• When you start with WHY, those who believe what you believe are drawn to you for very personal reasons. It is those who share your values and beliefs, not the quality of your products, that will cause the system to tip. Your role in the process is to be crystal clear about what purpose, cause or belief you exist to champion, and to show how your products and services help advance that cause. (117)
  • More than anything else, what Martin Luther King Jr. gave us was clarity, a way to explain how we felt. He gave us the words that inspired us. He gave us something to believe in, something we could easily share with our friends. (120)


Part 4 is about communication and speaking. A leader or organization needs to be able to verbalize and articulate their WHY to the outside world. The leader needs to do this so that his or her vision can be translated into reality. The organization communicates its message to the marketplace through everything it says and does, through WHAT and HOW it does things. Consequently, it needs to be clear as to its values and beliefs, so it can clearly communicate it to the outside world.


Energy & Charisma

  • Charisma is elusive and hard to define. It’s difficult to measure or copy. Charisma is inspiring because it originates from possessing a clarity of WHY; having absolute faith in an ideal that’s bigger than oneself. Unlike energy, charisma commands loyalty.
  • Bill Gates is not the most energetic public speaker; he is shy and awkward. But Bill Gates is charismatic because of his underlying optimism that even the most complicated problems can be solved.
    • He believes that we can remove obstacles and ensure that everyone can live and work to their greatest potential.
      • Microsoft: providing everyone with access to a personal computer
      • Gates Foundation: providing people from developing countries with access to health care and opportunities.
  • Energy is exciting, easy to see, measure, and copy. It is motivating. But, by itself, energy does not inspire or command loyalty.

The Golden Circle & The Cone

  • The Golden Circle can be represented in three-dimensions, like the top-down view of a cone, to show how an organization is arranged according to its three components:

The Golden Circle + The Cone


  • the Leader (or CEO)
  • Provides the WHY or the higher cause or belief


  • Senior Executives
    • Draw inspiration from the leader
    • Know HOW to bring the leader’s vision to life
    • Build an infrastructure with systems and processes


  • Regular/Non-Management Employees
    • Build the actual tangible product or service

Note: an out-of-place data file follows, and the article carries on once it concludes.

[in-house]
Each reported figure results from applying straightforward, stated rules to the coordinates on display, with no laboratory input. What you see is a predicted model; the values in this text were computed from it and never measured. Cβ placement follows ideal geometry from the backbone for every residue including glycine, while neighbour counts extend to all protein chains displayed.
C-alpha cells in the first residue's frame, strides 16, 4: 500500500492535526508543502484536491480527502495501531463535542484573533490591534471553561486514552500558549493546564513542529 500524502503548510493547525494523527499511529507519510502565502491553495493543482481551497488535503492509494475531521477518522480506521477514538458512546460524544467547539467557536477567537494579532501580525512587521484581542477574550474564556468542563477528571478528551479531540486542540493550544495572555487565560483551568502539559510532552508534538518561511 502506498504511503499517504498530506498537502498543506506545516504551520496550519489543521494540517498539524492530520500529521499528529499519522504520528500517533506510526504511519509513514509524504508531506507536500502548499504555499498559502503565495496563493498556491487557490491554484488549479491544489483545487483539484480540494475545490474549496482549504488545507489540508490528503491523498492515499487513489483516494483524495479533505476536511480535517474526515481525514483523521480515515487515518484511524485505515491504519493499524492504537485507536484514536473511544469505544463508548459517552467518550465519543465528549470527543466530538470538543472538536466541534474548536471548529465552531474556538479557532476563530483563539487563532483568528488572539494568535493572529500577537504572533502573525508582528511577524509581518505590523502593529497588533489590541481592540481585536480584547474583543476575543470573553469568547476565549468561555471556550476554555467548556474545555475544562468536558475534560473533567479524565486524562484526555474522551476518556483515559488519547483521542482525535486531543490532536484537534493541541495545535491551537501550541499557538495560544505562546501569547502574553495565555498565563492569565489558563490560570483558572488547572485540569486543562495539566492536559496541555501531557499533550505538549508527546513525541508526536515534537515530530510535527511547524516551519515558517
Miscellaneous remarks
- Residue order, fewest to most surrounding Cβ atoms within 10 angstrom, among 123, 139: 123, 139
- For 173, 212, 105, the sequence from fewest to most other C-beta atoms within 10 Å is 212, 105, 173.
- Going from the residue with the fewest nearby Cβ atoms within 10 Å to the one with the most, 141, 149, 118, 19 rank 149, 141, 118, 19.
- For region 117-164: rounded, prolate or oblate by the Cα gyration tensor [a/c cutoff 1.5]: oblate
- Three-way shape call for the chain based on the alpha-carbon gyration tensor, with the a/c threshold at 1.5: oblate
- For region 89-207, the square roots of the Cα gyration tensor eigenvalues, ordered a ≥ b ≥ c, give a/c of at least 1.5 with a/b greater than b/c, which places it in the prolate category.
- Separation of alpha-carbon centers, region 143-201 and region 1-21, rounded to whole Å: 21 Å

Visionaries & Builders

  • Every great visionary or leader needs someone, a HOW-type, who can translate their vision or dream into actual, tangible reality. Someone who knows HOW to get things done; how to make the cause actionable and real.
  • The leader provides the vision and charisma that attracts the innovators and early adopters. The HOW-type translates that vision into reality by building infrastructure, systems, and processes that will then attract the more practical-minded majority.
  • Most people in the world are HOW-types. They know how to do their jobs well, and can be quite successful. HOW-types are good at building processes and systems. But they rarely change the world, or build billion-dollar businesses.
  • WHY-types are rare. They’re usually dreamers and visionaries, but they require someone with know-how to translate their dreams into reality.
  • Building billion-dollar organizations, or changing the course of an industry, or growing a social transformative movement requires a special and rare partnership between a WHY-type (someone who knows WHY; the visionary), and a HOW-type (someone who knows HOW; the builder).
  • e.g. Dr Martin Luther King Jr was the leader of the civil rights movement. He was the symbol of the cause and provided the long-term vision. But it was Ralph Abernathy (secretary and treasurer of the Southern Christian Leadership Conference) who gave the dream structure; he provided the plan and the specific steps that people would need to take to achieve Dr. King’s dream.
  • e.g. Walt Disney was a WHY-type who was helped by his more sensible older brother, Roy Disney, a banker. It was Roy Disney who founded the Buena Vista Distribtuion Company to distribute Disney films. It was Roy Disney who created Disney’s character merchandising business. Roy Disney preferred to stay in the background and tend to the business and its finances, while Walt Disney took the imaginative and creative risks.
  • e.g. Bill Gates (visionary) and Paul Allen (built Microsoft)
  • e.g. Steve Jobs (visionary) and Steve Wozniak (programmer and engineer)

Rally Those Who Believe

  • If you want to gain mass acceptance, you first need to attract the innovators and early adopters. (You want to target the left side of the bell curve of the Law of Diffusion)
  • The way to gain loyalty is to attract those who share in your beliefs. Therefore, you need to have a clear purpose or belief, and a way to communicate that purpose or belief so that you become a lighthouse for the like minded.
  • If you want to rally people, you need two things:
      1. A clear, compelling message (a WHY)
      2. A way to amplify that message
  • Once you are able to rally people who believe what you believe, the vision becomes tangible and can be repeated, even long after the visionary or founder is gone. The organization becomes the means of making the WHY tangible, in everything it does.
  • If an organization has a clear sense of WHY, it can effectively become a megaphone, a vessel through which a leader with a clear sense of WHY (a clear purpose, cause, or belief) can speak to the outside world.